Call to show what the region can do when it come to innovation
Archant © 2014
Leaders and businesses in life sciences, ICT, advanced manufacturing and agri-tech have been called on to outline the region’s world-leading strengths to the government.
The East of England’s science and technology businesses are being asked set out their stall to the Department of Business, Energy and Industrial Strategy (BEIS), and follows central government’s pledge last year to pump £2bn into science and innovation.
Local Enterprise Partnerships from across the region, including the Greater Cambridge Greater Peterborough (GCGP) LEP, New Anglia LEP and Hertfordshire LEP as well as universities, businesses and research clusters, are all involved in the running of the audit.
GCGP head of innovation Steven Wilson, who is leading the consortium of industry and academia, said: “Here is our chance to say: ‘These are our key science and innovation assets of truly global significance’.
“It is about raising the profile of the region, trying to attract inward investment and getting our clusters in life science, agri-tech, manufacturing and ICT to help each other.”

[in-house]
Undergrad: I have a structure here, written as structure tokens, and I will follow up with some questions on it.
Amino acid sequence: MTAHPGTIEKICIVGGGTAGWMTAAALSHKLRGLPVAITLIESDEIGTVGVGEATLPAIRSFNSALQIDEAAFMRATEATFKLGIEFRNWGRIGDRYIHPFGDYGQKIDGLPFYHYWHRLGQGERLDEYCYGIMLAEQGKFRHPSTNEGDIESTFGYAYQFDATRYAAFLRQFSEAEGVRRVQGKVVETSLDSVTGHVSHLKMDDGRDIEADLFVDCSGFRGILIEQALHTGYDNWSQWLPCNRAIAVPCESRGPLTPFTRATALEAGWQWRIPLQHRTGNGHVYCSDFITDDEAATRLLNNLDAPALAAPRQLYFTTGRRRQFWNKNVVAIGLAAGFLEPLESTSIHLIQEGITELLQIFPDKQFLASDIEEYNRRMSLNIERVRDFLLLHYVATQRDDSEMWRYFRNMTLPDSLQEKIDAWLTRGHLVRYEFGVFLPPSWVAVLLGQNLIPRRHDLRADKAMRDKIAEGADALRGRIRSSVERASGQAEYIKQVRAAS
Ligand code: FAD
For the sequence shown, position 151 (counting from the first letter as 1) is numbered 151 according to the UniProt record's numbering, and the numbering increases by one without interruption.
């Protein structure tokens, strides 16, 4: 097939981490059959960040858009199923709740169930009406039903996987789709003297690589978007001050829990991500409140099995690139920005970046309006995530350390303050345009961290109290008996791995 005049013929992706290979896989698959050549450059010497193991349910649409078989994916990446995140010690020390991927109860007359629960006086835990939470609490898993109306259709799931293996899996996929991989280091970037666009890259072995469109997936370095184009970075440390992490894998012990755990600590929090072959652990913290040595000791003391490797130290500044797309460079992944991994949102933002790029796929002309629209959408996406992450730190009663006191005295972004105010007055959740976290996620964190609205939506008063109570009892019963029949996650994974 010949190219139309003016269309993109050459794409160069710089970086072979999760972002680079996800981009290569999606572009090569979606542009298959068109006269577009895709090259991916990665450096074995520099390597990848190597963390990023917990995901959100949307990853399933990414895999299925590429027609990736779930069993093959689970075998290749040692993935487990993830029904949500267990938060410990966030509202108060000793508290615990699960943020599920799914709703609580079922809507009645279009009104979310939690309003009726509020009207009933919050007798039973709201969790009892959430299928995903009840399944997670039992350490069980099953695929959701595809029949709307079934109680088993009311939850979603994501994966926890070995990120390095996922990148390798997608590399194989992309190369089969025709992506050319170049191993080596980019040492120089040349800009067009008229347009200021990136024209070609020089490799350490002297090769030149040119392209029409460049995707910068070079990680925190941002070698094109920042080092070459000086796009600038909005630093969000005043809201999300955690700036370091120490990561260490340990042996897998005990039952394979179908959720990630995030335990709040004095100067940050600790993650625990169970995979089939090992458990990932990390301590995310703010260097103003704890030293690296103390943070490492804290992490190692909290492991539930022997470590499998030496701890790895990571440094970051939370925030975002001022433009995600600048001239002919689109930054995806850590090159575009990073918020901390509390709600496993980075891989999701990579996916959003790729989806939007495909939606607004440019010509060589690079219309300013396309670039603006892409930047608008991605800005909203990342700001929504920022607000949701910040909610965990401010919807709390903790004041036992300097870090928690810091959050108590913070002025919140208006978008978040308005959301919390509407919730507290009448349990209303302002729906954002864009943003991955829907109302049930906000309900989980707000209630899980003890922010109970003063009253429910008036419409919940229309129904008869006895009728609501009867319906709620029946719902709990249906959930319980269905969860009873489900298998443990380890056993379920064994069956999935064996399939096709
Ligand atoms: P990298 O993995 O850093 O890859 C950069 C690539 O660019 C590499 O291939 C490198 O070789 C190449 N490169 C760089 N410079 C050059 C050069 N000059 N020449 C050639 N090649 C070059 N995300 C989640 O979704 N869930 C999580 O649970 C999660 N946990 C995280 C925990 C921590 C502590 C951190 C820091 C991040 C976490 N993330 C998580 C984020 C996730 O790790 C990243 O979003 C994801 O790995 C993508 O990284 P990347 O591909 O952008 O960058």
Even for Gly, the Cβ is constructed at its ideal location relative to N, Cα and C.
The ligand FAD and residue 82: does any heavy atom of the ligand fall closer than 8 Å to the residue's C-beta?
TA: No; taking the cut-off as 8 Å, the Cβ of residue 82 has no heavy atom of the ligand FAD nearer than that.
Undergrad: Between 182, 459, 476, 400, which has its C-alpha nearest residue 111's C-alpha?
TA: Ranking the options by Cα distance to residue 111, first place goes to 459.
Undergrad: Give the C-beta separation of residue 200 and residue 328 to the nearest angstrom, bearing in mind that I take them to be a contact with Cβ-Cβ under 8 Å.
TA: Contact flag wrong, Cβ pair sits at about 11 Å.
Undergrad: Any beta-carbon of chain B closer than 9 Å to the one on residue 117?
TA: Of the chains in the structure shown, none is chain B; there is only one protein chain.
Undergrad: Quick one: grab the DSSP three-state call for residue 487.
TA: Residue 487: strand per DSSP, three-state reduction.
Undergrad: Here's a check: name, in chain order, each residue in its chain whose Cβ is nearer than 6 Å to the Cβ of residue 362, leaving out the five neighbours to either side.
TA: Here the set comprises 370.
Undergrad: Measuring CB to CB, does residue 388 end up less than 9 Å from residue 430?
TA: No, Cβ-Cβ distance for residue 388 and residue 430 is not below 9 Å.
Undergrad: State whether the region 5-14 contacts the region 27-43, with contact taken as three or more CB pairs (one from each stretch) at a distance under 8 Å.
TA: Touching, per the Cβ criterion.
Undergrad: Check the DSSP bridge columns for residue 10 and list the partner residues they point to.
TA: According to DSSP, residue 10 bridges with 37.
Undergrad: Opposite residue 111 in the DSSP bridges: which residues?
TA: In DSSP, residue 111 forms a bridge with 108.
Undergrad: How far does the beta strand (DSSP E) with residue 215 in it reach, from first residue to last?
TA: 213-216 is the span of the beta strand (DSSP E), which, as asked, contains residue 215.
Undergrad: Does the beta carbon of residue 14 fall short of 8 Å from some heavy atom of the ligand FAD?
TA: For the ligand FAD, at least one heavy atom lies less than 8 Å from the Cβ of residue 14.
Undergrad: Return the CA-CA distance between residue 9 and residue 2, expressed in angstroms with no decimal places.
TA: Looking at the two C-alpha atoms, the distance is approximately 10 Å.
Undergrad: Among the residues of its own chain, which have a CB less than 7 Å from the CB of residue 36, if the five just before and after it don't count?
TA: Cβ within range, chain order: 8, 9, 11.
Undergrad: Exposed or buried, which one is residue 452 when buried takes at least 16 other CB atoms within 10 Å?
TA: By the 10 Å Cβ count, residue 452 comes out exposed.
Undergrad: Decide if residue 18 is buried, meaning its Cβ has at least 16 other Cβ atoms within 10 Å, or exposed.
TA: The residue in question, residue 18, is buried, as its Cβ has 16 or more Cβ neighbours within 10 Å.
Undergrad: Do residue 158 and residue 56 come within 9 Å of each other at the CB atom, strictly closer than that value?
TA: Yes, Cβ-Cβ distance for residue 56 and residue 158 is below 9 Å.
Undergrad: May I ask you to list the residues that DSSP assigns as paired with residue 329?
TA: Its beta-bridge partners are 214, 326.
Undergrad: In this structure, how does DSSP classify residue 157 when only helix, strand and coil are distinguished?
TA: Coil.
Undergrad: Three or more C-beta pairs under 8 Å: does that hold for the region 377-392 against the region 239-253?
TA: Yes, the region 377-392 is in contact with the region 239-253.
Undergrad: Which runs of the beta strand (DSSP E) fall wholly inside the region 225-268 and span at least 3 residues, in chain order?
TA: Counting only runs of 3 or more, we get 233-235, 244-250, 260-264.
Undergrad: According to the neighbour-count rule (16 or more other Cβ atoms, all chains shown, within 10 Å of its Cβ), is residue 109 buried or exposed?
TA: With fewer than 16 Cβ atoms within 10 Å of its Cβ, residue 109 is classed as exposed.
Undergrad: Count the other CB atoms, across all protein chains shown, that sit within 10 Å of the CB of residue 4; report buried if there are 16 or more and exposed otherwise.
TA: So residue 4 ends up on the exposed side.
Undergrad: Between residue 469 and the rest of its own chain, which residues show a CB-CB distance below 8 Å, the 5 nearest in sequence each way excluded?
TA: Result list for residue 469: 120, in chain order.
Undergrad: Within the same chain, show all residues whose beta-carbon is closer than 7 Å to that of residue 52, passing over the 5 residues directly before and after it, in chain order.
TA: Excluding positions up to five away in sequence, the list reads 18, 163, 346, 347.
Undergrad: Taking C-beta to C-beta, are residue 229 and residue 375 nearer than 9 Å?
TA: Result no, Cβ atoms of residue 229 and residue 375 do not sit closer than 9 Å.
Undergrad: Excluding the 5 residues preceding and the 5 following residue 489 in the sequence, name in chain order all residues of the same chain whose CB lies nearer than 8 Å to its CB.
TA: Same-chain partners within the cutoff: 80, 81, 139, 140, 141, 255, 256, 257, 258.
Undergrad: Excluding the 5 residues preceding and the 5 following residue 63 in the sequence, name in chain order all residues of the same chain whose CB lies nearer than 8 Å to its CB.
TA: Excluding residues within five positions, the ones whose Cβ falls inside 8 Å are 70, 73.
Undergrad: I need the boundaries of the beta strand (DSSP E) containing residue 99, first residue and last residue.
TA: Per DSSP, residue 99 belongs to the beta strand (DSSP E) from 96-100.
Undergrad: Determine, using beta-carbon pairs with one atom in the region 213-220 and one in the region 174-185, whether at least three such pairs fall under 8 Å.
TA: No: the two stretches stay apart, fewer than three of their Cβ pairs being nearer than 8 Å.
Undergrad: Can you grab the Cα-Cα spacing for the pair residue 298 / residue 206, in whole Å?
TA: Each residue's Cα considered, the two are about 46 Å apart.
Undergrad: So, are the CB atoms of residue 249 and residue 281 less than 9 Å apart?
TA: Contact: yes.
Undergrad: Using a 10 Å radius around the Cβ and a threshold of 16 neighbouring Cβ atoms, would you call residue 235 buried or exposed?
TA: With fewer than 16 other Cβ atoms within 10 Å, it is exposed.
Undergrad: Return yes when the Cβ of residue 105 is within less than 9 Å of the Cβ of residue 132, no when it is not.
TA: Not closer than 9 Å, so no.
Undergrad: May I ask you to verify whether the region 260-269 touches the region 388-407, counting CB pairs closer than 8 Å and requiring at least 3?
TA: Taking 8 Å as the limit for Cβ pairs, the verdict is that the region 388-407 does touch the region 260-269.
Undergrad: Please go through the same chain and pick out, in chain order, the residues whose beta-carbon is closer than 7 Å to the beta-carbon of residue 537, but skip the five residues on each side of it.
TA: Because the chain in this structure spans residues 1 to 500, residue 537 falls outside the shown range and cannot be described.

Mr Wilson added that the audits across the country would help to inform where central government funding is funnelled in the future as part of the industrial strategy and other funding streams.
The report will go to government at the end of May.
Dr Belinda Clarke, director of Agri-Tech East, said: “Any submissions which go into the audit must demonstrate nationally differentiated excellence.”
Dr Clarke added the links and shared technology between the four sectors was also important.
Jonathan Legh-Smith, head of partnerships and strategic partnerships for BT at Adastral Park, near Ipswich, said: “We want to compile what assets we have in terms of knowledge and facilities. What facilities are there out there that business can make us of?”
Sally Ann Forsyth, chief executive of Norwich Research Park, said: “We want the government to be aware of what we have and what we are ready and able to deliver.”
She said early work had already proved beneficial, adding: “The audit has been good for all of us because we know more about what each other are doing and we are already seeing greater collaboration.”